The so-called Summit Fire is one of at least 680 wildfires that state firefighters have responded to this year in California – 200 more than the average for the period. Conditions are dry, warm, and windy.
Firefighters partially contained a southern California brush fire Wednesday night, but state fire officials worry it will spread faster Thursday because of forecasted 90-degree temperatures and 50-mile-per-hour winds.
The so-called Summit Fire, which has destroyed one home and left two firefighters with minor injuries, broke out about noon on Wednesday. Fire officials evacuated about 500 residents in Banning, Calif., located 90 miles east of Los Angeles. The fire burned roughly 3,000 acres, and firefighters had contained 40 percent as of Thursday morning.
The California Department of Forestry and Fire Protection (CAL FIRE) issued statewide warnings for “extreme fire danger” Wednesday, as a dry winter, warm temperatures, and high winds have created model wildfire conditions.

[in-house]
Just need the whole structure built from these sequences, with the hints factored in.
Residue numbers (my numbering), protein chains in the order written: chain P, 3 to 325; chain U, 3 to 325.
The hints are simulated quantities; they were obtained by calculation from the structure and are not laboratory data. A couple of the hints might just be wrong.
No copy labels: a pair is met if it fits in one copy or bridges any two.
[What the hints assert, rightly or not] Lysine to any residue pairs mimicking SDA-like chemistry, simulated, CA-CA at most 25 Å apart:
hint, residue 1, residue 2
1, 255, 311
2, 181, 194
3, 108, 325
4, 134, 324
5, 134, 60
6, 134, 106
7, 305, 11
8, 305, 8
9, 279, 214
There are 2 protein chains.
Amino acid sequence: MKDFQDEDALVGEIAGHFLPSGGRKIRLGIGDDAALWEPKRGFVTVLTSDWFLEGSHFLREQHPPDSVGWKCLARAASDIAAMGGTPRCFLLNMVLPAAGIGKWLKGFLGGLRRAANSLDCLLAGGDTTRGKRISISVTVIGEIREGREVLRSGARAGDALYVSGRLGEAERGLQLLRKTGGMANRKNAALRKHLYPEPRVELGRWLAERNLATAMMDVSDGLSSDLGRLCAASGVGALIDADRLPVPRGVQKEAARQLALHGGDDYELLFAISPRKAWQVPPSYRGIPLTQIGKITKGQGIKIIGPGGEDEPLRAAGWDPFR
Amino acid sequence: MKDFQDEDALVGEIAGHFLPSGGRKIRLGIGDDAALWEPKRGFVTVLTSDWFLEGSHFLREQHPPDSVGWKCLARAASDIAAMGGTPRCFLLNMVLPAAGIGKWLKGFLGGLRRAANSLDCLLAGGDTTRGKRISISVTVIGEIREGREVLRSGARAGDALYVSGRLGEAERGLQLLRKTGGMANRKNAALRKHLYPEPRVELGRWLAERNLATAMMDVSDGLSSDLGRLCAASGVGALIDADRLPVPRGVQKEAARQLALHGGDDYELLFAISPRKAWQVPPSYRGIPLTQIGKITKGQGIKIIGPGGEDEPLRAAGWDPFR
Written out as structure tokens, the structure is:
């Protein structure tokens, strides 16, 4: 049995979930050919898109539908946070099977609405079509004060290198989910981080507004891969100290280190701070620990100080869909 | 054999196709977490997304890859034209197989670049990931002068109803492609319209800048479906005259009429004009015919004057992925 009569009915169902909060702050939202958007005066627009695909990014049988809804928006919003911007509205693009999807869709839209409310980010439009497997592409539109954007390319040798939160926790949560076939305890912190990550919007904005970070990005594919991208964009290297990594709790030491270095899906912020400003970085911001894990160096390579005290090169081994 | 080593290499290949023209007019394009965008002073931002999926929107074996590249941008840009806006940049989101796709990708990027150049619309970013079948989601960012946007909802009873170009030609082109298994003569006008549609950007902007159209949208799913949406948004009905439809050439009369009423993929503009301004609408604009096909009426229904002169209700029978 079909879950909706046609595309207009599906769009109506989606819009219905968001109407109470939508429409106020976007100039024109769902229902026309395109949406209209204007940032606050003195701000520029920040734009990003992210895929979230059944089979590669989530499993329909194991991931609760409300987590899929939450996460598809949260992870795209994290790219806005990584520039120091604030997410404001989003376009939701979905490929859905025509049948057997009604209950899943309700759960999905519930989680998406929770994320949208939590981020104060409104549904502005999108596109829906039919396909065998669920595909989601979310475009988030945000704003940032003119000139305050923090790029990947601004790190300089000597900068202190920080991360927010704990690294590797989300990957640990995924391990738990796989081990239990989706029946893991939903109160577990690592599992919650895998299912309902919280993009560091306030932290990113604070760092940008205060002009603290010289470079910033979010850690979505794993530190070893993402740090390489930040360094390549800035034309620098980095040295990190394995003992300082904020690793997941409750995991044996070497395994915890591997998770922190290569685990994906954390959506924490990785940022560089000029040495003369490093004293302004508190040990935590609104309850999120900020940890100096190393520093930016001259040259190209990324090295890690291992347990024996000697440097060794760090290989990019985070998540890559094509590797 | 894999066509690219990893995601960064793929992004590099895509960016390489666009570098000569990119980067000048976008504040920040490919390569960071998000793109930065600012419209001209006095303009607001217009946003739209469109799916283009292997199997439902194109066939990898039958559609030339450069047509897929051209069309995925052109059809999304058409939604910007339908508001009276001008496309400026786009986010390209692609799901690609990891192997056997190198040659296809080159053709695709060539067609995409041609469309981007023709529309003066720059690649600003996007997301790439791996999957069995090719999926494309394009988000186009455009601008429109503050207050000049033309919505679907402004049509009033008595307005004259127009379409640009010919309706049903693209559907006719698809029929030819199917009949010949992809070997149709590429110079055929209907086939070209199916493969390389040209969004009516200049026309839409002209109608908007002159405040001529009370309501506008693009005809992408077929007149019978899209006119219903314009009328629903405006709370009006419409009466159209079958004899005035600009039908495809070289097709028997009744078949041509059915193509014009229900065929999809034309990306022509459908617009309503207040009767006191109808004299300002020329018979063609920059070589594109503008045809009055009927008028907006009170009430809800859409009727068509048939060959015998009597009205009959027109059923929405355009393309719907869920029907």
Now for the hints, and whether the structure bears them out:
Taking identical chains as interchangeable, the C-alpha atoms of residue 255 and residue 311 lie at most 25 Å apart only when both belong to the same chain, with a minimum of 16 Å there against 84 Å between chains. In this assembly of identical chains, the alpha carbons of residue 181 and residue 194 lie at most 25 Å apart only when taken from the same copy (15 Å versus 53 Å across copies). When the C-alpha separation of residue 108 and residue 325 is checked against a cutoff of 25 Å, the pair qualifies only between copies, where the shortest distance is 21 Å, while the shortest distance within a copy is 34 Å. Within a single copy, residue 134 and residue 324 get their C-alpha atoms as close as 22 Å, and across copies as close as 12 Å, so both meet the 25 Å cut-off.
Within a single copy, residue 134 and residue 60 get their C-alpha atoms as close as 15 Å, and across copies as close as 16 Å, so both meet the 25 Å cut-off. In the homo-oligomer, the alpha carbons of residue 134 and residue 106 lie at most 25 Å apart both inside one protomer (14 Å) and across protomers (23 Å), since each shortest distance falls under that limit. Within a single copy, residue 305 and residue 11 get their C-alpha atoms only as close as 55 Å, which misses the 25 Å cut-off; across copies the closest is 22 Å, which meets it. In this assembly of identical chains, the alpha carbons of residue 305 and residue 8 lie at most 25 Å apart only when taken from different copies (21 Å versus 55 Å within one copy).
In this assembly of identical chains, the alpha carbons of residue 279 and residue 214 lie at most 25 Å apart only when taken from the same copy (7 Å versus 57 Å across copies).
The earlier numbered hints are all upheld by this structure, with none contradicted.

“The grass, brush, and trees are very volatile. They’re ready to burn,” CAL FIRE Battalion Chief Julie Hutchinson said. “Everything is just very dry. And not just in southern California, statewide.”
The agency has responded to more than 680 wildfires this year, 200 more than the average for the period, CAL FIRE told the Los Angeles Times.
Low rainfall levels from January to April could create one of the driest years on record in California, according to a survey by the Department of Water Resources. The snowpack is only 52 percent of the statewide average.
“We’re a bit drier than normal at this time and seeing conditions that we would usually see in June,” state fire spokesman Daniel Berlant said. “If this is an indicator of what’s to come, then we’re going to be in for a very busy fire season.”
Winds at the fire site north of Banning increased Thursday morning, Riverside County fire spokeswoman Jody Hagemann said. Crews made progress on the 4-1/2-square-mile blaze overnight, but the winds could change that.